Tue, 05 April 2022
Football is the most popular sport in the world, with millions of children wanting to emulate their heroes and develop their skills. With a number of soccer schools offering their services in Bahrain, 24N Football Academy is aiming to stand out from the rest with a dedicated philosophy and a passionate coaching team to foster the superstars of tomorrow. Kristian Harrison spoke to Head Coach and Founder, Sean Brereton, to find out more.
Since the age of 16, Sean Brereton knew he wanted to be a football coach. Not only that, he wanted to nurture young talent in a way that was different – and better – than anywhere else whilst being a role model both on-and-off the pitch.
After years of hard work and learning his trade from various influences and cultures, he has finally achieved his dream of opening his own coaching school in Bahrain: 24N Football Academy.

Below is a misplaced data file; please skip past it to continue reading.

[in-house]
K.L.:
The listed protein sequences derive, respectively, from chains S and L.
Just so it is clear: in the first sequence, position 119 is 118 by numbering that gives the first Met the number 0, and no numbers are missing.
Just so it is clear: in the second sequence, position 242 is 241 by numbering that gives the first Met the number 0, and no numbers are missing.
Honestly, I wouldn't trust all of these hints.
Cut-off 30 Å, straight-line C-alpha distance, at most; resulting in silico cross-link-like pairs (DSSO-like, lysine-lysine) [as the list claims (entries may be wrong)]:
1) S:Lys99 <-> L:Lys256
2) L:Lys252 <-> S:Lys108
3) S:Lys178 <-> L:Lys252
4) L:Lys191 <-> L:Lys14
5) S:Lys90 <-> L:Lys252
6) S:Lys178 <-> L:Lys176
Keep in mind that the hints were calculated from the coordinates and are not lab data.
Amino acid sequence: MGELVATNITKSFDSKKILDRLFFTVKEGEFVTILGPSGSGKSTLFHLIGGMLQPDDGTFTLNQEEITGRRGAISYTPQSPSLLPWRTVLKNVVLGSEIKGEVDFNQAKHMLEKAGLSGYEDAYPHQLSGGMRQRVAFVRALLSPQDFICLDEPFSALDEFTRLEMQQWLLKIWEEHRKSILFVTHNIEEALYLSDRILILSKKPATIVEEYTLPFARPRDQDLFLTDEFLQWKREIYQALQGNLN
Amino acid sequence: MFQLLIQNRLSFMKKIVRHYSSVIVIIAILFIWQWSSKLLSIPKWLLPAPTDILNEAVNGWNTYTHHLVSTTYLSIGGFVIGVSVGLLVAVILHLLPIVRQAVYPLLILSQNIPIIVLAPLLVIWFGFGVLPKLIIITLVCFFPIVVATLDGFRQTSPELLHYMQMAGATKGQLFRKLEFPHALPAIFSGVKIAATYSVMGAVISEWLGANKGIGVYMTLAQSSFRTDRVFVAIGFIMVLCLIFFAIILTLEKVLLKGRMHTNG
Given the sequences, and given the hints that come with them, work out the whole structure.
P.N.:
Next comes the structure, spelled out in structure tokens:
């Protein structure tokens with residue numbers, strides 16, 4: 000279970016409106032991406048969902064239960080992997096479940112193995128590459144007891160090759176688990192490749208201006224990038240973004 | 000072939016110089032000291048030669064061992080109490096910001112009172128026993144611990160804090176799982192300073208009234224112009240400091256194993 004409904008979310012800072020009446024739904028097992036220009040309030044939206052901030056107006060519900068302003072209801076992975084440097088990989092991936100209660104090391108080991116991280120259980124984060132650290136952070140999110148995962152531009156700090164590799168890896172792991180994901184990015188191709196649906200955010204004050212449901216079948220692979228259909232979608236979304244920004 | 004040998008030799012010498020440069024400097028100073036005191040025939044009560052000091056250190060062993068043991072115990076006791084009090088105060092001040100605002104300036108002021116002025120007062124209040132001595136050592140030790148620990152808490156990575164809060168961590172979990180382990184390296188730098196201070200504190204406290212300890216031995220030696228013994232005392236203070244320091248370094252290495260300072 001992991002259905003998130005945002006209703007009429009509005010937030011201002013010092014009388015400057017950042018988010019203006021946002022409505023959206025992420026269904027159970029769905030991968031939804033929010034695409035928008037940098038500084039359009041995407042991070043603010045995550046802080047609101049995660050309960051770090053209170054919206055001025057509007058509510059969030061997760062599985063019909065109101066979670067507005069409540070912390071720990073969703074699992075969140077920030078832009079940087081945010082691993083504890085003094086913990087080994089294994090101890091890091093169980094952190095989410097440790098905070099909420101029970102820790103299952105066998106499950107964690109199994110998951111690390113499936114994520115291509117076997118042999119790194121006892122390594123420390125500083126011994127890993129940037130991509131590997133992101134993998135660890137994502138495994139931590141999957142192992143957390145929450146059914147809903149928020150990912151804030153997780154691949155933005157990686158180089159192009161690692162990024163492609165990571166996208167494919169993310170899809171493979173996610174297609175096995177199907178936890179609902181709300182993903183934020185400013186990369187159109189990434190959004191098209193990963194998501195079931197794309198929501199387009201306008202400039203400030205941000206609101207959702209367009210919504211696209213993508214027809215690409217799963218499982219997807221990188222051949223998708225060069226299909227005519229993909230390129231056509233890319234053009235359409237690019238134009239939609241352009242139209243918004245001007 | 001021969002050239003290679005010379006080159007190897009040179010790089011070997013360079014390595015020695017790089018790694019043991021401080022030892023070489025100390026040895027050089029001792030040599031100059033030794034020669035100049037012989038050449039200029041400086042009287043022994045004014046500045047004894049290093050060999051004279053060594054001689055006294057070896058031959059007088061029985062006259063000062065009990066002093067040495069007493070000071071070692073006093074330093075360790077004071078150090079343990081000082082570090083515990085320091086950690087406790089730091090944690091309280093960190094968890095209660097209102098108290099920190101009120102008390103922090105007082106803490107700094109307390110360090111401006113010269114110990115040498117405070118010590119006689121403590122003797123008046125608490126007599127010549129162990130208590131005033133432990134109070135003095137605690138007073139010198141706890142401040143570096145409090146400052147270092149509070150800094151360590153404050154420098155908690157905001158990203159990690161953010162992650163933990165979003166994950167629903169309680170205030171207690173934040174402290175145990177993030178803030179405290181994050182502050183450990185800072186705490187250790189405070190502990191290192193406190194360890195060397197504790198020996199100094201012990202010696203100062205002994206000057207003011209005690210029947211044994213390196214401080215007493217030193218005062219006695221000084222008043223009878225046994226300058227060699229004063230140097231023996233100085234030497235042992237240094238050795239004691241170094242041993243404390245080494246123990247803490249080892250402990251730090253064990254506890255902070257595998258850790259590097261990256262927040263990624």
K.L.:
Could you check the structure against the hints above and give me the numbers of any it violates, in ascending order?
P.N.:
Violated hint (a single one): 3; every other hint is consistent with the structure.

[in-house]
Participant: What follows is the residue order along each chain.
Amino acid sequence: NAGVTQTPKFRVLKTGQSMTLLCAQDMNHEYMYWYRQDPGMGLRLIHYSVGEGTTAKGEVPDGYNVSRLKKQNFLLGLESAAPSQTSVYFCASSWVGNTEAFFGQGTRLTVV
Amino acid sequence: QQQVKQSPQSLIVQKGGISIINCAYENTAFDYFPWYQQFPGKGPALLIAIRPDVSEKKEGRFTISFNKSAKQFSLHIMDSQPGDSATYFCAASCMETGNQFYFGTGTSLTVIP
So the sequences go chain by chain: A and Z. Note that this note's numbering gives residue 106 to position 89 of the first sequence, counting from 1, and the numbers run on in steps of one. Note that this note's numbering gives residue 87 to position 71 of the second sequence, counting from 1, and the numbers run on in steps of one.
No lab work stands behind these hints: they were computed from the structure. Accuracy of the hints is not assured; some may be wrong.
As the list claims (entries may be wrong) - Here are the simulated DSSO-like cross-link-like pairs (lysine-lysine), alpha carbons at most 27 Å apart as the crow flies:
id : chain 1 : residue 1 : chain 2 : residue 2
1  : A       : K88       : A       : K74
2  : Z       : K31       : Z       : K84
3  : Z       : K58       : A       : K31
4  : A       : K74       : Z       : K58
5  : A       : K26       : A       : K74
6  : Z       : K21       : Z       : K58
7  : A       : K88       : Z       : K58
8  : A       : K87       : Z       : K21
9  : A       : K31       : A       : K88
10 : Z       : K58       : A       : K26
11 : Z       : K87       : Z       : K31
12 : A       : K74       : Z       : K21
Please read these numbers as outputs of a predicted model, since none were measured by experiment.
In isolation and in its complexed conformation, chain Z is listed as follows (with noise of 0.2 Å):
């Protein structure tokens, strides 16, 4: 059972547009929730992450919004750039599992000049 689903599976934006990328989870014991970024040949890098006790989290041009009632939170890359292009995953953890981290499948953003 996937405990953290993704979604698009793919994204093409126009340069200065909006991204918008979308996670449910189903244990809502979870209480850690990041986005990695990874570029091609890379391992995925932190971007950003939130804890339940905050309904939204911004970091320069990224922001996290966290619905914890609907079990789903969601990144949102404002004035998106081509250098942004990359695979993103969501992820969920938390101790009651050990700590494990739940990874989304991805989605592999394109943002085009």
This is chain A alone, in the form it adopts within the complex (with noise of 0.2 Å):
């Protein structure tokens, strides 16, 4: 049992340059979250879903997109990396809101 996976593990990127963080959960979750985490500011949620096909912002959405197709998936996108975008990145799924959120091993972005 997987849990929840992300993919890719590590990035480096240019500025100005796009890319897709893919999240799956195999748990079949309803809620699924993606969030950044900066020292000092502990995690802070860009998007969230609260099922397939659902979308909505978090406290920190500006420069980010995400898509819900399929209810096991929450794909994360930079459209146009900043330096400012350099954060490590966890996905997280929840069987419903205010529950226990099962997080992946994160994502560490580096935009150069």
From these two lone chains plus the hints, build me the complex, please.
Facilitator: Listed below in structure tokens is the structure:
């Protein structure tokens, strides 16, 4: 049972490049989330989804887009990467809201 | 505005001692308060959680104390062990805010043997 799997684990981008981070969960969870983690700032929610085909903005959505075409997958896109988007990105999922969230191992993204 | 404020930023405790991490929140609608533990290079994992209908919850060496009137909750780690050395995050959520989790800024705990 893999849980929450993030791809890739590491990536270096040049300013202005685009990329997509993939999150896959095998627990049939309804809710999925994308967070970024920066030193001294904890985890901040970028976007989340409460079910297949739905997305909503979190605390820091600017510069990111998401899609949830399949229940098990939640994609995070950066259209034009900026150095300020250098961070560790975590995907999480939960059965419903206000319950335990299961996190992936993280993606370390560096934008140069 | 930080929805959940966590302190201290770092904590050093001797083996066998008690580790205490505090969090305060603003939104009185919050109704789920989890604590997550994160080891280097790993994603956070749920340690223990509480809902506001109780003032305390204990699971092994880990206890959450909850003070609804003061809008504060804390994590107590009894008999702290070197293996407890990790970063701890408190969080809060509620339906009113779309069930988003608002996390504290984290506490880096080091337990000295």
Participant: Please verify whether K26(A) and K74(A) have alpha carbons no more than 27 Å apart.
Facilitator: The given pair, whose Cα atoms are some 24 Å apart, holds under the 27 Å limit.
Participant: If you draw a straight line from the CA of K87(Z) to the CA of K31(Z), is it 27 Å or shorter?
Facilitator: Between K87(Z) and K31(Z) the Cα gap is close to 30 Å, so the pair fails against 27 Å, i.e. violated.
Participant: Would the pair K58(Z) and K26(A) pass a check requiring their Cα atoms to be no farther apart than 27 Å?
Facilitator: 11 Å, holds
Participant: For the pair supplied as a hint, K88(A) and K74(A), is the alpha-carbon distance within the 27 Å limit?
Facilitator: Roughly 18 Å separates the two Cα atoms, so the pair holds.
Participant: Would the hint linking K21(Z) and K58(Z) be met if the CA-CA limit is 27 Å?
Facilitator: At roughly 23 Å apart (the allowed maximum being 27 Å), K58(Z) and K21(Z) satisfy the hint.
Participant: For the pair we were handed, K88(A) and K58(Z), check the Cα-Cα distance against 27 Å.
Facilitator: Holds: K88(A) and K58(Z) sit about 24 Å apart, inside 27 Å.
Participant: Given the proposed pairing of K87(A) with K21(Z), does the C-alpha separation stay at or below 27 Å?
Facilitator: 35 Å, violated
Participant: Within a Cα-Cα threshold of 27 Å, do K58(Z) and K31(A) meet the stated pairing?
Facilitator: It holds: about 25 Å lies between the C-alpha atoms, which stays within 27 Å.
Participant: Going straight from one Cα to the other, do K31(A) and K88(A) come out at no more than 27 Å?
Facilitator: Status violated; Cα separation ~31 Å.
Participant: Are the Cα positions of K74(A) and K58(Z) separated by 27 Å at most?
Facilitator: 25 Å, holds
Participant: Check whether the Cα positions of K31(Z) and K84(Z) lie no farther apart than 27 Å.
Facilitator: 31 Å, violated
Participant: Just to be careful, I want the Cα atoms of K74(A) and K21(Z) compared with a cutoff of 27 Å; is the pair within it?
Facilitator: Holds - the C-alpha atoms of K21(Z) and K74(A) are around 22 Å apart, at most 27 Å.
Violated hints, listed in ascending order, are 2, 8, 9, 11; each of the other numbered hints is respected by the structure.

“In a nutshell, 24N wants to provide the best coaching and the best service for players in the Kingdom,” he says. “From the age of three right through to teenage years and being on the brink of adult football, we want the children with us to understand that they are in a professional environment with mutual respect.
“We want them to be able to ask questions and challenge themselves in a safe atmosphere where we both can develop and grow. As much as they are learning and improving their playing ability, we are gaining just as much knowledge with every session and progressing ourselves.
“Ultimately, ‘development’ is the cornerstone of my philosophy. I feel like the greatest mistake when it comes to coaching is the focus on results over performance, especially with younger age groups. Children these days are saddled with too much responsibility to win, a directive issued by their coaches, which not only knocks their confidence if they lose, but limits their freedom to express themselves and play to their abilities.
“Nothing gives me more pride than development, such as seeing a kid starting out and not being able to shoot properly, then a few weeks later hit a sweet strike into the goal. Doing this in an environment of mutual respect where selfishness and frustration is left at the door encapsulates what 24N is trying to accomplish.”